He is as well known today for his philanthropic ways and highly successful business ventures as he his for his legendary actor status. Now in his 80s, Newman enjoys a near 50-year marriage to Joanne in Connecticut, their main residence since moving away from the bright lights of Hollywood in 1960, still attends races, is very much involved in his charitable organizations and in 2006 opened a restaurant called Dressing Room, which helps out the Westport Country Playhouse, a place the Newman's take great pride in. In 2007 he made some headlines when he said he was losing his invention and confidence in his acting abilities and that acting is "pretty much a closed book for me." Whether he's on the screen or not, Paul Newman remains synonymous with the anti-heroism of the 1960s and 1970s cinema and rebellious nature his characters so often embodied.

Paul Leonard Newman (January 26, 1925 — September 26, 2008) was an American actor, film director, entrepreneur, humanitarian, and auto racing enthusiast. He won numerous awards, including an Academy Award for his performance in the 1986 Martin Scorsese film The Color of Money and eight other nominations three Golden Globe Awards, a BAFTA Award, a Screen Actors Guild Award, a Cannes Film Festival Award, an Emmy award, and many honorary awards. He also won several national championships as a driver in Sports Car Club of America road racing, and his race teams won several championships in open wheel IndyCar racing.

Newman was a co-founder of Newman's Own, a food company from which Newman donated all post-tax profits and royalties to charity. As of October 2008, these donations had exceeded US $250 million.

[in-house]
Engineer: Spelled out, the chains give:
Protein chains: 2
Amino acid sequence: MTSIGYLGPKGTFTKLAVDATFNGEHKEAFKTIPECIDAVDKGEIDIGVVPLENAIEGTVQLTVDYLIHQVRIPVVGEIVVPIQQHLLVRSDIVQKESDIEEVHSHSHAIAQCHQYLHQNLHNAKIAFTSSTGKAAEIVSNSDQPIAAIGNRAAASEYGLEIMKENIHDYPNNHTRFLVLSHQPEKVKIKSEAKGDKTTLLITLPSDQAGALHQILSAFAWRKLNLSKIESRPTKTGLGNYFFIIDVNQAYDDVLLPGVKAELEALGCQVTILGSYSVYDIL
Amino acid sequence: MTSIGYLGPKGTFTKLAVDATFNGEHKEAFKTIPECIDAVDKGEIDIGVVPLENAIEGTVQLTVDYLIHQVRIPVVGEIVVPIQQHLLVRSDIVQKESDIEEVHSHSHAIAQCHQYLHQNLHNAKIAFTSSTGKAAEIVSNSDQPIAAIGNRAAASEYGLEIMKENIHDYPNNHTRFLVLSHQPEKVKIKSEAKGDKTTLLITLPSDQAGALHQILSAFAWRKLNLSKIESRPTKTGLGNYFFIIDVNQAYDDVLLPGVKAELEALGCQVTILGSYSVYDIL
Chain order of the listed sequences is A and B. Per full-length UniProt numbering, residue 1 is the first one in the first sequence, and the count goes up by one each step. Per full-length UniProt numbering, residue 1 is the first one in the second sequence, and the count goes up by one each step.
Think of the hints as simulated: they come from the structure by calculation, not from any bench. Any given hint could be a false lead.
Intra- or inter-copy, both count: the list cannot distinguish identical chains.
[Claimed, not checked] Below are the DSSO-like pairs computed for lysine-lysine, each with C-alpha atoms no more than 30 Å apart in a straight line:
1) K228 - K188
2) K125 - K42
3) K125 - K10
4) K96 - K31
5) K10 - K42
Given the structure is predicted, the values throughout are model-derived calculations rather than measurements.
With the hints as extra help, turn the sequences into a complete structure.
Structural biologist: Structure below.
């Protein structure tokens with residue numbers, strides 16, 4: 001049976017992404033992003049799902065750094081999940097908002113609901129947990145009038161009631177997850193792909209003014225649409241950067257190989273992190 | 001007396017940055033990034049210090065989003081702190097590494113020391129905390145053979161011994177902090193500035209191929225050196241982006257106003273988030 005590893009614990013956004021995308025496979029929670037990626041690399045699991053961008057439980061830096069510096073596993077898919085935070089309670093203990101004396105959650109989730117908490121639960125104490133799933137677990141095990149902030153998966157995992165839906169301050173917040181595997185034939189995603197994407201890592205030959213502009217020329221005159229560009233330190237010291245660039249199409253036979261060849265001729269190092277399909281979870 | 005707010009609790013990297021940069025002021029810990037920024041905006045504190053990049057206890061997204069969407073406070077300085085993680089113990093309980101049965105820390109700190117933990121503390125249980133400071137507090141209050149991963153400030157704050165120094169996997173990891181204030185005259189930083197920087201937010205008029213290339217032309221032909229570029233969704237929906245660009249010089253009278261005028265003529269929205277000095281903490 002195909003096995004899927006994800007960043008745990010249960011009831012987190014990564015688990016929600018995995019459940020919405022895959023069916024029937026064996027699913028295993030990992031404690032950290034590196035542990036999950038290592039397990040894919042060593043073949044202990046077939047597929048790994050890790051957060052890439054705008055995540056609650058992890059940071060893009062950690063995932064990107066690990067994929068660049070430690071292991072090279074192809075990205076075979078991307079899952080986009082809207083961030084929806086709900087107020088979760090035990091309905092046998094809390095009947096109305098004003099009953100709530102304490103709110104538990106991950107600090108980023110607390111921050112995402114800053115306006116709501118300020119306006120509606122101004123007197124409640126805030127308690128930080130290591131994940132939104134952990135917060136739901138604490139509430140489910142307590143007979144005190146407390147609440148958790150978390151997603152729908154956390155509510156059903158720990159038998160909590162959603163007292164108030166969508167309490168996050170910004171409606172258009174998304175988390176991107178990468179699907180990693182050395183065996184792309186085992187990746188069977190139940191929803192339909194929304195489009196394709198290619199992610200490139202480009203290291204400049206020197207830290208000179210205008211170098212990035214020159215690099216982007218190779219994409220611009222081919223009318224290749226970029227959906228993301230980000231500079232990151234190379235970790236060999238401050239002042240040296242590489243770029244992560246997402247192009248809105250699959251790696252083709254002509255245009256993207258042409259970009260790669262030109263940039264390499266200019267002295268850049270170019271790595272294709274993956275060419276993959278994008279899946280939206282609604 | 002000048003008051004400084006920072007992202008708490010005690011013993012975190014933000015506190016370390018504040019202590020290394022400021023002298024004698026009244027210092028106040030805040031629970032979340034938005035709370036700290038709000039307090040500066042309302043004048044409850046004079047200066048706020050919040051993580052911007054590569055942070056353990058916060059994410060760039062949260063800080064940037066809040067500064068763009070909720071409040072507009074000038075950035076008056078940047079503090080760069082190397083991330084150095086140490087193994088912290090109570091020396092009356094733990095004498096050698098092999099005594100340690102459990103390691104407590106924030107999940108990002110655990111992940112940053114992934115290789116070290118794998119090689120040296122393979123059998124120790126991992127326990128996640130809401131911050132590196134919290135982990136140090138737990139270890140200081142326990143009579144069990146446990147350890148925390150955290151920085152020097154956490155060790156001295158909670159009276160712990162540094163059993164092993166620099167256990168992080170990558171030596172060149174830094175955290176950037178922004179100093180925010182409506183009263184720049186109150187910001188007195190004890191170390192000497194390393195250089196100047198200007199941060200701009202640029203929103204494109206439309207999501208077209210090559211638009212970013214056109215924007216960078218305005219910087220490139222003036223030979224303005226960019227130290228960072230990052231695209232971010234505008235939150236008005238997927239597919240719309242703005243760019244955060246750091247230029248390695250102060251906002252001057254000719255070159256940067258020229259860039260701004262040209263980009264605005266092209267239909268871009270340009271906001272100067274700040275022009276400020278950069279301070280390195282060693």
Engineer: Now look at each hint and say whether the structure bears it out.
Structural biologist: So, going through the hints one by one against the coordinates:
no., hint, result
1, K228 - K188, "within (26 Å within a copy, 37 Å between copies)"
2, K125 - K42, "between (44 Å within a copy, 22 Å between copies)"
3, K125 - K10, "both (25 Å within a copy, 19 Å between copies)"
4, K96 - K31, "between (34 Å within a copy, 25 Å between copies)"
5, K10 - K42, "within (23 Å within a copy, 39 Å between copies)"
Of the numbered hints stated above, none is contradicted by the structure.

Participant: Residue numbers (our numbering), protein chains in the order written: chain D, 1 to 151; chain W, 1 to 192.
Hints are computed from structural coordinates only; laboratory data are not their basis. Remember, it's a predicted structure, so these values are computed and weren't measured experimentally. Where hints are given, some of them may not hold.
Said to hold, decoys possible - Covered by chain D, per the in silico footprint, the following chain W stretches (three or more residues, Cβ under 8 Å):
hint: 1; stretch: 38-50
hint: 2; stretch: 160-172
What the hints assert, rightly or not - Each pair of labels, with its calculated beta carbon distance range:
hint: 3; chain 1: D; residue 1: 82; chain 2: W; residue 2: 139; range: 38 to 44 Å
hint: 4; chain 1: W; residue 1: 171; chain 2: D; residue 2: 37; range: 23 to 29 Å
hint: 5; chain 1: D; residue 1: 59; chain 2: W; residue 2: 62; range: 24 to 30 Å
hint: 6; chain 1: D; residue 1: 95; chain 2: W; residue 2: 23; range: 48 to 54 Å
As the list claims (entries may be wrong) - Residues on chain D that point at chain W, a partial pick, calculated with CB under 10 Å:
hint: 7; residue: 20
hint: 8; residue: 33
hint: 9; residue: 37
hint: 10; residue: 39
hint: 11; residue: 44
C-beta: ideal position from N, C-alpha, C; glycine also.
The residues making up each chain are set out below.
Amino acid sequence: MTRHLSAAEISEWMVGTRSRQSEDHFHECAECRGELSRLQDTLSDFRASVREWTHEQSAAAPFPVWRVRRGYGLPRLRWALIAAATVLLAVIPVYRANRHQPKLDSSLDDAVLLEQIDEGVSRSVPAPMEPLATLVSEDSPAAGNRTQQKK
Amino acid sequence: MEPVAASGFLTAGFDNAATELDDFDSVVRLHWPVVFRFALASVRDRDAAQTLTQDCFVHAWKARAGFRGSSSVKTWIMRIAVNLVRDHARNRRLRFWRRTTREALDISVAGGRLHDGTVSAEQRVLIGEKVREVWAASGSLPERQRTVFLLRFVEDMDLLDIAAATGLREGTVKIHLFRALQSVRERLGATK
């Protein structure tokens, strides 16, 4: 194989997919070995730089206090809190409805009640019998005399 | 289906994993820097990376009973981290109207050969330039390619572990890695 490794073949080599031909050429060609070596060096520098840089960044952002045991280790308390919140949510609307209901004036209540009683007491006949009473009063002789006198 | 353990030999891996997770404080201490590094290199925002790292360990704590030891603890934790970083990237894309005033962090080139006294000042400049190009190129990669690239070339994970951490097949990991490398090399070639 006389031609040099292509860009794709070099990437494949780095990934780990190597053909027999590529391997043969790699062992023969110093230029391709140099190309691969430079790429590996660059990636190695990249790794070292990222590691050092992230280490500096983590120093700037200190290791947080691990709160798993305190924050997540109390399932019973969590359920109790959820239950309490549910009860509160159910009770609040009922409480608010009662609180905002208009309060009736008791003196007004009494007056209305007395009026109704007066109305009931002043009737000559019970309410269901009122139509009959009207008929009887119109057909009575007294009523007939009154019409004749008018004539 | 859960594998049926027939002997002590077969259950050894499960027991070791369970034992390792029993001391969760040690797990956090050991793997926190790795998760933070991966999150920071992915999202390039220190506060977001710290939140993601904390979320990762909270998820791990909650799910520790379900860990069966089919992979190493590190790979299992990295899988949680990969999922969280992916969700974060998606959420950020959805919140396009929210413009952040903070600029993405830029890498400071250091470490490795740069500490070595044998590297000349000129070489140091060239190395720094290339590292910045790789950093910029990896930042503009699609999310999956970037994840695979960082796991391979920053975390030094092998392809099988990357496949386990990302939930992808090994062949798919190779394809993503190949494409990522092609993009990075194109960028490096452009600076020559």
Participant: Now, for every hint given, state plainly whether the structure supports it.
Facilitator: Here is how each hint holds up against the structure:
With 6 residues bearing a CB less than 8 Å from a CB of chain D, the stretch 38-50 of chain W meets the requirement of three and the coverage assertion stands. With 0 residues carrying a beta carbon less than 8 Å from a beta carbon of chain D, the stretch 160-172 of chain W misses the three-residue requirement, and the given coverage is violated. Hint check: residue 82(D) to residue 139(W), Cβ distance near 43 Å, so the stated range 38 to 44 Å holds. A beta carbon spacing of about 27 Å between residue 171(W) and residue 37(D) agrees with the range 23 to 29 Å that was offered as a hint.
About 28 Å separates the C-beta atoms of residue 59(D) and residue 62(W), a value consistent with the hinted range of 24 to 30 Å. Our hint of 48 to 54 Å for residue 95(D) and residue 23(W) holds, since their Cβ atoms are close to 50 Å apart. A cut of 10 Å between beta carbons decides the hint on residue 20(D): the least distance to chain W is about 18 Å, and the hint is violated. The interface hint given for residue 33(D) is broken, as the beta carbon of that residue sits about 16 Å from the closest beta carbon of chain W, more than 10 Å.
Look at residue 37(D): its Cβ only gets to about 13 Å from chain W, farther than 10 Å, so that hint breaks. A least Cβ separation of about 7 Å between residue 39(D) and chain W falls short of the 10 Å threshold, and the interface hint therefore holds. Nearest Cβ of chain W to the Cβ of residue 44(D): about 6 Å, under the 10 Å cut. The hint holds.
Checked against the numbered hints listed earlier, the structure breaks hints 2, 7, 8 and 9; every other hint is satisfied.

Newman was born in Shaker Heights, Ohio (a suburb of Cleveland), the son of Theresa (née Fetzer or Fetsko; Slovak: Terézia Fecková) and Arthur Samuel Newman, who ran a profitable sporting goods store. Newman's father was Jewish, the son of immigrants from Poland and Hungary; Newman's mother, who practiced Christian Science, was born to a Slovak Roman Catholic family at Pti?ie (formerly Pticsie) in the former Austria–Hungary (now in Slovakia). Newman had no religion as an adult, but described himself as "a Jew", stating that "it's more of a challenge". Newman's mother worked in his father's store, while raising Paul and his brother, Arthur, who later became a producer and production manager.

Newman showed an early interest in the theater, which his mother encouraged. At the age of seven, he made his acting debut, playing the court jester in a school production of Robin Hood. Graduating from Shaker Heights High School in 1943, he briefly attended Ohio University in Athens, Ohio, where he was initiated into the Phi Kappa Tau fraternity.